A data hall inside Google's data center in Hamina, Finland Alphabet/Google
A data hall inside Google's data center in Hamina, Finland

Google’s New Security Features Don’t Care Whose Data Center You’re In

The company extends its security capabilities beyond services running in its own cloud.

New tools and services will help make it easier for enterprises to manage security with Google products as well as in rival Amazon Web Services and in their own private clouds and applications.

"The mission here is to build the most trusted cloud," Michael Aiello, product management director for Google Cloud, told Data Center Knowledge.

In 2018, he said, Google launched more than 70 new security products or enhancements. "Today, we're announcing 30 new things. There's a huge volume of stuff coming through, and we're continuing to invest heavily here."

For example, Google Cloud will now have context-aware access at no additional charge. In addition, some G Suite customers will have access to a beta version of this feature.

The feature was previously only available in beta on the Google Cloud Platform, he said.

Google is also working on making its products easier to set up and configure in a secure way.

"We agree with analysts that the biggest issues in the future are that it's tough to configure and set this up in a safe way," said Aiello. "Our goal is to make this simpler and simpler and simpler."

For example, Google's virtual private cloud security controls, previously in beta, are now generally available. These let Google's cloud customers define security perimeters around specific resources such as cloud storage buckets, BigTable instances and BigQuery datasets.

They're part of the Google Cloud Security Command Center, first introduced last year, which now enters general availability.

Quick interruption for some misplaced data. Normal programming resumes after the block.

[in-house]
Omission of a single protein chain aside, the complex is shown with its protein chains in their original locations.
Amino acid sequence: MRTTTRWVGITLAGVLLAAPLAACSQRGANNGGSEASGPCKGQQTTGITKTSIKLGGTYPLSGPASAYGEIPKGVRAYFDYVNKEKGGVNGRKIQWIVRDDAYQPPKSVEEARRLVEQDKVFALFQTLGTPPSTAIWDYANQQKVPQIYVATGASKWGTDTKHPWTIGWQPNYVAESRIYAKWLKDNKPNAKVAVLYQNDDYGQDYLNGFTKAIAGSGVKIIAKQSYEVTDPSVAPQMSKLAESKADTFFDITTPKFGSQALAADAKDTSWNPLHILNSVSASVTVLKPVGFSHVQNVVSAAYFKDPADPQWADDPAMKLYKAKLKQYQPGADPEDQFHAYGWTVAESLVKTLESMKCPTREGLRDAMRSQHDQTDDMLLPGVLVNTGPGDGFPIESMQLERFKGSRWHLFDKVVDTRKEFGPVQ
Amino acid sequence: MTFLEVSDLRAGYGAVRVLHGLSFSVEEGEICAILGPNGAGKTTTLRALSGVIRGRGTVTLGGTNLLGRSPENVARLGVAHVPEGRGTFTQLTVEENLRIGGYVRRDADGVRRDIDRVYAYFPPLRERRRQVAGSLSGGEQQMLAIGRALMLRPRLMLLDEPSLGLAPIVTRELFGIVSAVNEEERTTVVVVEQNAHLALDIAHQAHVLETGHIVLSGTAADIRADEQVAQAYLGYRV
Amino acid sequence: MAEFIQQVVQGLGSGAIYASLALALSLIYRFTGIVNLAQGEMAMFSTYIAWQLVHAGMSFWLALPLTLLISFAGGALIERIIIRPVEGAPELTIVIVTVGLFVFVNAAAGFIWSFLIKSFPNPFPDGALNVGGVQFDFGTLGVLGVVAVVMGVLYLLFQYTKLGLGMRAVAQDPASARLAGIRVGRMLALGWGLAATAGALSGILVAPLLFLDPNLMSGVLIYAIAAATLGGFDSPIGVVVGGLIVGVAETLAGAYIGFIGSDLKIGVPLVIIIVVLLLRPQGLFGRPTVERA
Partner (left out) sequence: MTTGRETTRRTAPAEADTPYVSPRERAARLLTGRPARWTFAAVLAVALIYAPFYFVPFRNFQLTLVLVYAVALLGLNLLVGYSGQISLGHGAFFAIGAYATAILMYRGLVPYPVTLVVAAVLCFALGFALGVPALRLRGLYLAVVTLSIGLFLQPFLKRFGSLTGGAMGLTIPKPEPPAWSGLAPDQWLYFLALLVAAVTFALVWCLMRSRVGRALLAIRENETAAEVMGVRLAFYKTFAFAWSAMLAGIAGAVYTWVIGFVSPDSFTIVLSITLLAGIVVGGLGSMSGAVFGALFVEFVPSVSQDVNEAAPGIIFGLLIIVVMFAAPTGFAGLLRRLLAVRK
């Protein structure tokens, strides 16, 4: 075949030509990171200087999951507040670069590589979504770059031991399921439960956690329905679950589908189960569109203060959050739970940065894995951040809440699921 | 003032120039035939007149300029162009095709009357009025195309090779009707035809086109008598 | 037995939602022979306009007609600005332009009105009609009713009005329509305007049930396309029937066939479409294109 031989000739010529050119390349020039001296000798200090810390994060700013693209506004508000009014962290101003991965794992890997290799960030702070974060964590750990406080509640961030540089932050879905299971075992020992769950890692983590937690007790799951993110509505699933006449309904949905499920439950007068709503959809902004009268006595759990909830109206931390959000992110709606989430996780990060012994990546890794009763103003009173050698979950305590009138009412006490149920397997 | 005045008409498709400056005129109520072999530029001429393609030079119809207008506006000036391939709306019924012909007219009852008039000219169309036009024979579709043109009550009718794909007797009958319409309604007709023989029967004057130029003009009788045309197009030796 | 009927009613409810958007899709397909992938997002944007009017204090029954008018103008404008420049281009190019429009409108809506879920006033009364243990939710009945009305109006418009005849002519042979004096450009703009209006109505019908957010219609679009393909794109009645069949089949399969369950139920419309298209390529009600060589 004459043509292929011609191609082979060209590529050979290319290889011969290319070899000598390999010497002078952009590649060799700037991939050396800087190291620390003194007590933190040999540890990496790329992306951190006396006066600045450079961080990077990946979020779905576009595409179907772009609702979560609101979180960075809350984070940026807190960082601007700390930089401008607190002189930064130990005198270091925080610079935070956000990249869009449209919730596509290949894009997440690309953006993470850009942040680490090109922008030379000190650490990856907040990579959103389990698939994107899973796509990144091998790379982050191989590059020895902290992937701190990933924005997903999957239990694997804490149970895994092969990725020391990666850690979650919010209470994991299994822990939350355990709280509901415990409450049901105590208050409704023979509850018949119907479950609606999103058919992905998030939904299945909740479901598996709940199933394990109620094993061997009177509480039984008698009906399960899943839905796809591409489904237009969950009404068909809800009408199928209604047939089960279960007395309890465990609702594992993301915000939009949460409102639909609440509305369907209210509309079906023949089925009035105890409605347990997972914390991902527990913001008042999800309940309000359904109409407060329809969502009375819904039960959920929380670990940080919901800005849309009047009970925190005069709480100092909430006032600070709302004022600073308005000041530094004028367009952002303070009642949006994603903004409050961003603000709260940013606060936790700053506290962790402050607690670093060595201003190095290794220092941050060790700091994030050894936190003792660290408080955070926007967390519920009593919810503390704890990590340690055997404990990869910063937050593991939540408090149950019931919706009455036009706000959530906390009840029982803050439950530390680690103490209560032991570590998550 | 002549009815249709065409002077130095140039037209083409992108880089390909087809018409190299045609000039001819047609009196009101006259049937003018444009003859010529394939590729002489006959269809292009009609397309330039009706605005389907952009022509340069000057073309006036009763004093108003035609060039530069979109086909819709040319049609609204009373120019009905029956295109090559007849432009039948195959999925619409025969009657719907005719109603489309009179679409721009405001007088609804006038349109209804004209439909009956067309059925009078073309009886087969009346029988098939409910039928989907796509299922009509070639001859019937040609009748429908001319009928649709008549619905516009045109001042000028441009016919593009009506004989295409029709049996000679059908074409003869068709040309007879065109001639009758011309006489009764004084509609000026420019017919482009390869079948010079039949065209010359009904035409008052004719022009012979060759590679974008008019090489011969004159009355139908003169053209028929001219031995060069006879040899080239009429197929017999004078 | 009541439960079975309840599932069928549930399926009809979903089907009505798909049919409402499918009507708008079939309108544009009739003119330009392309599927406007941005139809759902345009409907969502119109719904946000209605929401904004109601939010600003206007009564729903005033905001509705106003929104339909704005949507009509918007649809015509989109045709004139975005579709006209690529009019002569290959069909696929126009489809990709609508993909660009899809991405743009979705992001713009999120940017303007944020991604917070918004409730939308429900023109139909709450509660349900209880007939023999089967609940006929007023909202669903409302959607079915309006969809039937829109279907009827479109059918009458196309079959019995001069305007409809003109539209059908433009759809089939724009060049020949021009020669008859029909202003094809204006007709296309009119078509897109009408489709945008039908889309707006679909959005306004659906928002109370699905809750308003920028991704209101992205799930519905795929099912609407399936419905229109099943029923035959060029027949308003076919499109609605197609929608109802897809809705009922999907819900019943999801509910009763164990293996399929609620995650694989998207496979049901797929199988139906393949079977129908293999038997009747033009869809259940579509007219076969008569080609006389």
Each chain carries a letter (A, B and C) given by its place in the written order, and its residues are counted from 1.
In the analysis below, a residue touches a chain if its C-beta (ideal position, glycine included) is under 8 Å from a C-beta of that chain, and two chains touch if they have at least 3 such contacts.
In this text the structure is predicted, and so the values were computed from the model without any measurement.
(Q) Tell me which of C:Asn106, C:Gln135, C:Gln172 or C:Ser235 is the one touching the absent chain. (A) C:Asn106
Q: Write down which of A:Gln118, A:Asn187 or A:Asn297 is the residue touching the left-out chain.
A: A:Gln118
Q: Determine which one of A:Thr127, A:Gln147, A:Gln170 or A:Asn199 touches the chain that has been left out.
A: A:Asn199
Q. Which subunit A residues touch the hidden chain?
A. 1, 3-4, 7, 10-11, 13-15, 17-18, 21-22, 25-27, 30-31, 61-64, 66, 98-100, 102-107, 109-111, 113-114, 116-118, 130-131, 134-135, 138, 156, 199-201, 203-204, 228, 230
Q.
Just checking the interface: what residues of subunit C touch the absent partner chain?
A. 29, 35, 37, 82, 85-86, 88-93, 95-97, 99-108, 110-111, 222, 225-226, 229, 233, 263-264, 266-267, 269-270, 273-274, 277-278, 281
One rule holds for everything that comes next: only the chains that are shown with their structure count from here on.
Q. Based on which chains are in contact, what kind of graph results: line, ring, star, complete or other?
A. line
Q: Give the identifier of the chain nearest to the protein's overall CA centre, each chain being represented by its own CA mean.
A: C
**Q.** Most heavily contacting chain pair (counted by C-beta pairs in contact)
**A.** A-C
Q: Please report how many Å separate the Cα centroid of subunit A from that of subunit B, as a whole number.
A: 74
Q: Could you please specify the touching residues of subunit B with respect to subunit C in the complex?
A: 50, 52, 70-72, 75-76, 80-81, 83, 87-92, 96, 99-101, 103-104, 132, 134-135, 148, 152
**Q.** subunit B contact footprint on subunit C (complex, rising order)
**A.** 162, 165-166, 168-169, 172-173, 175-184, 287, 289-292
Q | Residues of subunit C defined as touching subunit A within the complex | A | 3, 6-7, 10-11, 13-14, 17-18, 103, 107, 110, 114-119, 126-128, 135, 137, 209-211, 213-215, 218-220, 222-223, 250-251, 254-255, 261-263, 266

That helps companies defend against attacks specifically designed to go after cloud infrastructure, said Aiello.

For example, just last week a security firm discovered more than half a billion Facebook records stored in AWS were accidentally exposed.

"The Amazon services were configured insecurely and this enabled attackers to steal Facebook data," said John Pescatore, director of emerging trends at SANS Institute.

The new Google features are a big deal, he said. "There is a constant stream of these news items about AWS S3 buckets, several breaches a month.”

In addition to more native security features, Google is partnering with outside vendors for additional capabilities.

For example, StackRox offers detailed insights and security configuration support for Kubenetes containers. Previously, Google cloud customers who wanted to use StackRox tools would have two separate management panels – one for Google's own tools, and one for StackRox.

Today, the StackRox data will be available via Google's Cloud Security Command Center.

And it's not just for containers deployed on Google own platform, said Michelle McLean, VP of product marketing at StackRox. The security data can come from any private or public cloud service provider offering Kubernetes containers, as well as more limited data from providers offering non-Kubernetes containers.

"We can paint a much richer picture if we can talk to Kubernetes," said McLean.

According to McLean, there are several areas of potential vulnerability with containers.

The first one is that Kubernetes by default allows any asset to talk to any other asset. That makes it easier for developers to build their applications and makes the platform backward-compatible with older systems. The downside is a larger-than-necessary potential attack surface.